Greensomes golf is an exciting variation of standard strokeplay, where you team up with your playing partner and work together as a team of two. It’s similar to the foursomes format that the European and American pros play in the Ryder Cup, but it’s a fun way to take in a round of golf for all abilities.
This guide explores the most important rules around playing greensomes, key strategies that can help you succeed more often, and how to make sure you’ve got appropriate cover for your next greensome round.
What are the key rules in greensomes?
In greensomes golf, a two-player team will each take a tee shot at the start of each hole. They’ll then select the best of the two drives, then keep playing that remaining ball as a team, alternating each shot. The player whose drive is discarded plays the second shot, and the team alternates thereafter. Scores are recorded in normal strokeplay format, but it’s important to check out whether the course or competition requires a minimum number of tee shots from each player to be used.
If you’re playing with handicapping taken into account, then a special formula is applied to the final score of the two-player team. Generally, 60% of the lower handicap and 40% of the higher handicap is applied. For example, if a team is made up of players with handicaps of 12 and 20, then the greensome handicap applied would be 15 (60% of 12 plus 40% of 20, so 7.2 plus 8, makes 15.2, which is then rounded to the nearest whole number).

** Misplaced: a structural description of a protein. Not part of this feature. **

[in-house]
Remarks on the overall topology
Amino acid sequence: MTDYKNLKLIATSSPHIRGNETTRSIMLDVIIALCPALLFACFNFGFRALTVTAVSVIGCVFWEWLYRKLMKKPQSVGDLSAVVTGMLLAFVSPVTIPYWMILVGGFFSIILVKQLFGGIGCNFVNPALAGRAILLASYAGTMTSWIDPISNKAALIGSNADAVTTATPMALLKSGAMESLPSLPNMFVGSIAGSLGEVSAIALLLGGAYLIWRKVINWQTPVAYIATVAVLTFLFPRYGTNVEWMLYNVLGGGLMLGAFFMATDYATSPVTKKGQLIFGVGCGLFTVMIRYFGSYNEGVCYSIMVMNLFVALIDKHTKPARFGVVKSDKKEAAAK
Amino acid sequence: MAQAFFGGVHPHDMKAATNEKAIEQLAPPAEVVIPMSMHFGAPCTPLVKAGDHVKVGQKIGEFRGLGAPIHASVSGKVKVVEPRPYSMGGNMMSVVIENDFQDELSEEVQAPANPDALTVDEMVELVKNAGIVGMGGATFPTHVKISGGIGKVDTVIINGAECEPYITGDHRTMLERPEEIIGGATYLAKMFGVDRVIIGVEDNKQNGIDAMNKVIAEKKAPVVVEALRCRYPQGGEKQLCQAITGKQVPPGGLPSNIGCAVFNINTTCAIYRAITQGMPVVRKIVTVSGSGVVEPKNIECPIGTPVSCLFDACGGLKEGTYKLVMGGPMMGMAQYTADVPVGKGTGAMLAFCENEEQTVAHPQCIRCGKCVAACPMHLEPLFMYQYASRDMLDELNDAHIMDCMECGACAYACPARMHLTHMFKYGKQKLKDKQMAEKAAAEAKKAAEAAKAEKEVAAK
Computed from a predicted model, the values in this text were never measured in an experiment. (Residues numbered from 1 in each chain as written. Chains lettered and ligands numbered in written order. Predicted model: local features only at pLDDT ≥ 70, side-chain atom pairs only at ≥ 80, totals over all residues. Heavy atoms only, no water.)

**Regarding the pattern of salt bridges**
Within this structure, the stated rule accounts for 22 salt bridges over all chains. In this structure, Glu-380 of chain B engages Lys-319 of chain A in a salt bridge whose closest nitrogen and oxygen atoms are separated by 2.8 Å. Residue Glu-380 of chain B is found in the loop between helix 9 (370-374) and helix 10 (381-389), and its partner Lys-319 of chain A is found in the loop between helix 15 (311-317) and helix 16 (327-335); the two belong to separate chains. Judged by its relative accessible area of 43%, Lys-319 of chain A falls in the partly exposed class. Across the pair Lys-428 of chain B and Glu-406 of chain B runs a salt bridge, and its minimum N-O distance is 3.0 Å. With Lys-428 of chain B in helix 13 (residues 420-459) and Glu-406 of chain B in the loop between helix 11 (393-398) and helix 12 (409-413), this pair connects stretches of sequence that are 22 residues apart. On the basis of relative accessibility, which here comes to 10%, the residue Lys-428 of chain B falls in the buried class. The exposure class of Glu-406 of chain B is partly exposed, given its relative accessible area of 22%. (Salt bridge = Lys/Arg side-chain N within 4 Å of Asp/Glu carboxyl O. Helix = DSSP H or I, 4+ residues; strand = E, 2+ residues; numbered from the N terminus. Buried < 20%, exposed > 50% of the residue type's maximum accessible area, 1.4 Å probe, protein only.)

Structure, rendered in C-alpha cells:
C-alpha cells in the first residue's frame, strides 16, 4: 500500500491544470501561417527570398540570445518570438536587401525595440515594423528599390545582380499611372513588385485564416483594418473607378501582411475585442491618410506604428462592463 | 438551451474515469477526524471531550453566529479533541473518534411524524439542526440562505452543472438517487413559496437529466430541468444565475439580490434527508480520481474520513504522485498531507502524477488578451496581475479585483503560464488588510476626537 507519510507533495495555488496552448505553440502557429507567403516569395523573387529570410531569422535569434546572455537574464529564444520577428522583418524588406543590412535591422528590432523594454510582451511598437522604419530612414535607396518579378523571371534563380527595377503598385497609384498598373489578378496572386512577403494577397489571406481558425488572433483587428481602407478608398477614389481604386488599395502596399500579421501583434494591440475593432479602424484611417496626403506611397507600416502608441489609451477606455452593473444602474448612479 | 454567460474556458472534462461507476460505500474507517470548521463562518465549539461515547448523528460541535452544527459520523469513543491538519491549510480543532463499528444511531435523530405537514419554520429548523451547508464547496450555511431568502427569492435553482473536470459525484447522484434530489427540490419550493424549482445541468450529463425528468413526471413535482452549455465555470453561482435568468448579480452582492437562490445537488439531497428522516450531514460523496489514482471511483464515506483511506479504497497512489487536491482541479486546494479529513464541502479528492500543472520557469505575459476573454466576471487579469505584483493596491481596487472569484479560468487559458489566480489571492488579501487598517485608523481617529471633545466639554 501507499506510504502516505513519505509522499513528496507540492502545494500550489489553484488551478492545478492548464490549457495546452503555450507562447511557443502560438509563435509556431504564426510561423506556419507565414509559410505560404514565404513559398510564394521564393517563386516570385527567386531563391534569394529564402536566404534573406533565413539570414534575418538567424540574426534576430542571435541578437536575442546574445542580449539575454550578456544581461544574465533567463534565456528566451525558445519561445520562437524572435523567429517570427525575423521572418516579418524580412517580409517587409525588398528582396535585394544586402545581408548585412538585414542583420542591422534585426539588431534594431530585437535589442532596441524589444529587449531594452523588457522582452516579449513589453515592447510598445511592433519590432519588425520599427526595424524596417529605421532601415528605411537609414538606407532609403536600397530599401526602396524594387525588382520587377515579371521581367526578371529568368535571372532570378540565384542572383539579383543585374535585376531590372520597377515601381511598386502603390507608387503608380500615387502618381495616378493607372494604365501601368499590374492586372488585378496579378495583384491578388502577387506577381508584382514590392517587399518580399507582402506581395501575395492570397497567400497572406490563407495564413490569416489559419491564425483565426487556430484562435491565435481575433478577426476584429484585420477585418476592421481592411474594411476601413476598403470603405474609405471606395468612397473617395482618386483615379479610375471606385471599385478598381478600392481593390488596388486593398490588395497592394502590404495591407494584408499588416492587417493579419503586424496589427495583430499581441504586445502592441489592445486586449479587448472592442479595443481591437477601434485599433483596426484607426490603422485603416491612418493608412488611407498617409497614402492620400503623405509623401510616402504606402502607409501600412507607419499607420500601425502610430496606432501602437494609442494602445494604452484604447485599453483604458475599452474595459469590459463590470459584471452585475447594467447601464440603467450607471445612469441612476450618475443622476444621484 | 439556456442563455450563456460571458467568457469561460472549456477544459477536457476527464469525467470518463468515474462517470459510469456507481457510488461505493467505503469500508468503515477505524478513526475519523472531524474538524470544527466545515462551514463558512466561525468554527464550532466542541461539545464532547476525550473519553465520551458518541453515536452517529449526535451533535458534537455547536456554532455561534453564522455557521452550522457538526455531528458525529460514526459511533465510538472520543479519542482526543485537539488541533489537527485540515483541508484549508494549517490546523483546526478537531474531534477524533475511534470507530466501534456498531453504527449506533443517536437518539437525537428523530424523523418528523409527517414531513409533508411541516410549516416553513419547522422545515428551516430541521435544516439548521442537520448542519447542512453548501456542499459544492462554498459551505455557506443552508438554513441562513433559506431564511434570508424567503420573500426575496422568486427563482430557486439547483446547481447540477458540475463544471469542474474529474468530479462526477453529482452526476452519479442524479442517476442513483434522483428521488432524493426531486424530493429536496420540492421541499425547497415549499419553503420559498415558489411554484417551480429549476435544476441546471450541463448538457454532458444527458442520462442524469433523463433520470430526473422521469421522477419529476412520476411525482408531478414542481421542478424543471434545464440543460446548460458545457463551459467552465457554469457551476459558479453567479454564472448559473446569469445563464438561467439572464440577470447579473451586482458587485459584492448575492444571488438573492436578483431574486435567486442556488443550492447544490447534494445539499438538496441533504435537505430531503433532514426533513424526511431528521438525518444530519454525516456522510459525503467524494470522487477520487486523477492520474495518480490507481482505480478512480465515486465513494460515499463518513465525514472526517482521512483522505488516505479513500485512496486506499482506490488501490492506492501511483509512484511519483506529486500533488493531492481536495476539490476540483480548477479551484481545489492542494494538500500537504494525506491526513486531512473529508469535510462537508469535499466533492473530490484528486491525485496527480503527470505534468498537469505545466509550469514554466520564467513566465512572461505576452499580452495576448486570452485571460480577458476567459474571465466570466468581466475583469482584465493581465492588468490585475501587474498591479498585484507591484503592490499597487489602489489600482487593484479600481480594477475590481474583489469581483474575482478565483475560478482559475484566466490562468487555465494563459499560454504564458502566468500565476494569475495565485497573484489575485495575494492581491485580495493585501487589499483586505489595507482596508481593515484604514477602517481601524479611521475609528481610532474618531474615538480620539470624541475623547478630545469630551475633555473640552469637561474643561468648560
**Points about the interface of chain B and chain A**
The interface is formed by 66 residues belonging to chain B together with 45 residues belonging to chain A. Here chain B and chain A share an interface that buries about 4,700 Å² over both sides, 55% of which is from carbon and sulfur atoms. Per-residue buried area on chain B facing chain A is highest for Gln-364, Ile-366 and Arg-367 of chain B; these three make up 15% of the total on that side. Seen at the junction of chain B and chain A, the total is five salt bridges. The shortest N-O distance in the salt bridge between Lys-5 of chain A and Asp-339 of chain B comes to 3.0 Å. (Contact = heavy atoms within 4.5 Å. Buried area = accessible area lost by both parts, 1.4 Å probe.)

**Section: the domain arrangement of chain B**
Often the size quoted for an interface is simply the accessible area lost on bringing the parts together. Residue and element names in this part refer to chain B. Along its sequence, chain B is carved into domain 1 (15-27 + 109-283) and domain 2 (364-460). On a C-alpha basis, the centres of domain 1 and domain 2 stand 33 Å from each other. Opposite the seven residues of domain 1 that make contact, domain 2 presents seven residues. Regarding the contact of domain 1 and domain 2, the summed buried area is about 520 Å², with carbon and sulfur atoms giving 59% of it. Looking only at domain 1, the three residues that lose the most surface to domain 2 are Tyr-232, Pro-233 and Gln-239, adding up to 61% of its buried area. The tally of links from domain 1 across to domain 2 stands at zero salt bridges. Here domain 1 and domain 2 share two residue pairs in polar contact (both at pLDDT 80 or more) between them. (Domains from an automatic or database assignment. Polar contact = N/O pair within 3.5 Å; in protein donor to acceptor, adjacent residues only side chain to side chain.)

How can you win a greensome?
Because you’re sharing a round with another player, greensome golf requires a very different mindset. There are a number of tips that we recommend bearing in mind:
Choose your partner wisely
A better player is not always the best partner for greensome golf. A supportive player who can stay positive, and who won’t criticise bad shots is far more valuable.
Think about more than just drive length
The longest drive might seem like the best one to take forward, but that isn’t necessarily the case. Make sure you consider the positions of each shot, and who will go next, when making your decision.
Putt with teamwork in mind
Similar to the previous point, remember the skills of your team-mate when taking on longer or more complex putts. Sometimes it can make more sense to lay one up so that your partner can safely finish the hole next time.
Prepare to compromise on balls
Different playing styles between partners can mean a major divergence in the types of ball used. Finding a happy medium that suits both players reasonably well is a good idea before you start your round.
Get covered for your next greensome golf event with SportsCover Direct
Next time you play a greensome, whether at home or abroad, make sure you and your clubs are covered with SportsCover Direct. Our range of golf insurance options include personal liability, professional indemnity, equipment cover and more, and starts from just a few pounds per month. Take a closer look at all our golf insurance policies here.